From Michigan, USA:
“When I was 17, I knew I was queer. I had been sure for about 3 years. In the same tender year, my AP Literature teacher read my class a Rumi or Hafiz poem every Friday. I became very attached to Rumi in particular and went to a bookstore some weeks later to steal a small book of Rumi poems. I kept that little book close to me at all times, meditating on his words and filling the book with pink sticky notes. One year later, I abandoned Christianity and decided that I there was no way for me to be religious and gay. Those years of hard secularism were the most confusing and as much as I tried to remain steadfast in godlessness, I turned to Rumi for comfort and guidance. I bought more Rumi books and came across a passage about living a life for Allah. And for the first time, I thought if I wanted to understand Rumi, I should learn about Islam. From there, I fell in love and was filled with love. I am privileged enough to have a powerful queer Black Muslim in my life to show me that queerness and Islam can live harmoniously in the same heart. After years of anger expressed through secularism, I am now at peace in Islam. I’m still new, and I sometimes hesitate to call myself Muslim because there is still so much I have to learn. Additionally, I’m afraid of being called illegitimate because of my newness and queerness.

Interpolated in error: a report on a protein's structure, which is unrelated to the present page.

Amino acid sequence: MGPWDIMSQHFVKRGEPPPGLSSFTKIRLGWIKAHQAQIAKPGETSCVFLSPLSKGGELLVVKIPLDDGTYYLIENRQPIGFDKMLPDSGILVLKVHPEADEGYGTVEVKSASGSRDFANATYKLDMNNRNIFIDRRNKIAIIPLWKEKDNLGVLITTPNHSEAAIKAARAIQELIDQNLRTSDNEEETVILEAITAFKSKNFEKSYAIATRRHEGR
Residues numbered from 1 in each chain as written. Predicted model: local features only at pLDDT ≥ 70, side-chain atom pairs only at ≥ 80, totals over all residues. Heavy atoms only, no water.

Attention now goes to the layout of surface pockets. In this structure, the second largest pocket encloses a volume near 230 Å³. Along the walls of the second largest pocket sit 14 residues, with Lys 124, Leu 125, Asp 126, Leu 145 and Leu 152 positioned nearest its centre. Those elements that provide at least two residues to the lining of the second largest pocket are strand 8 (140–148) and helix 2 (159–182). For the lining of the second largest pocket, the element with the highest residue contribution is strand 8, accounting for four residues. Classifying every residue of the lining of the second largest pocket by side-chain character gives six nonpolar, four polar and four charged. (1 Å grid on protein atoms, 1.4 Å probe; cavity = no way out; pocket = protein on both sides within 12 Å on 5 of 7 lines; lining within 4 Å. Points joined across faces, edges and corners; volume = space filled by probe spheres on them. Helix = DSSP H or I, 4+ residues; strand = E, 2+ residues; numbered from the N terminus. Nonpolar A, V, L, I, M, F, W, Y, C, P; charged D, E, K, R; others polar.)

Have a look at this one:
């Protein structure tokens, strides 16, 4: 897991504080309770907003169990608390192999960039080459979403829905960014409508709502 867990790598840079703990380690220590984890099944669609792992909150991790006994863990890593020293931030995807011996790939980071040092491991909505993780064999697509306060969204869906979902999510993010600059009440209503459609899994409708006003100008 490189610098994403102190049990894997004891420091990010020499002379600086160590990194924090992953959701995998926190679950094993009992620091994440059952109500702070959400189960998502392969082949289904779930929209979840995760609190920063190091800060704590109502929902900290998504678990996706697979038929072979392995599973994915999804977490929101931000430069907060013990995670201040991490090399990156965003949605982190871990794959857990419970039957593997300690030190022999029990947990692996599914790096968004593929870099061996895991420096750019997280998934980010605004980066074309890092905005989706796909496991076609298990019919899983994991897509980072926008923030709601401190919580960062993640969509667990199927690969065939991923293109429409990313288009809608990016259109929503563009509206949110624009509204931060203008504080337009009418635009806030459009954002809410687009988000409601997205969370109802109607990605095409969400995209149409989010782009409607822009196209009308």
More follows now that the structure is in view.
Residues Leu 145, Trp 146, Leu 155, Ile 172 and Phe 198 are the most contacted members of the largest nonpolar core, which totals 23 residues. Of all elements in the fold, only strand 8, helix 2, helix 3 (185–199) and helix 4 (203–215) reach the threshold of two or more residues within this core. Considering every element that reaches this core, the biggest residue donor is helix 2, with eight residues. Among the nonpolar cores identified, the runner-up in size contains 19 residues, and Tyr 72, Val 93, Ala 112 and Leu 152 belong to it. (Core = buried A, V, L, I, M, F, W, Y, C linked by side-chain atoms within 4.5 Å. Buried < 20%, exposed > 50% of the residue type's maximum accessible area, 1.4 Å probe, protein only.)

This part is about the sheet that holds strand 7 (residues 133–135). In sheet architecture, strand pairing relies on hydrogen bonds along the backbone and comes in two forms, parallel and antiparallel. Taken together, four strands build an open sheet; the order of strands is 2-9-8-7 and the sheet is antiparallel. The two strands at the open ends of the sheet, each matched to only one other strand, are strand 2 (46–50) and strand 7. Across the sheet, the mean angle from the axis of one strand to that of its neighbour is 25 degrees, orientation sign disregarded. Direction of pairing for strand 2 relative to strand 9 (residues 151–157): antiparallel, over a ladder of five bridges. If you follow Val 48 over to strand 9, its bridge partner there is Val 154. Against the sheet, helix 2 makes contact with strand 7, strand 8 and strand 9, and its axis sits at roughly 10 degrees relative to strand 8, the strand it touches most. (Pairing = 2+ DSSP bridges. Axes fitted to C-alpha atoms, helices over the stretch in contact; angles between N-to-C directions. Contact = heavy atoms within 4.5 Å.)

One day, inshAllah, I will live out my given name: Faith.”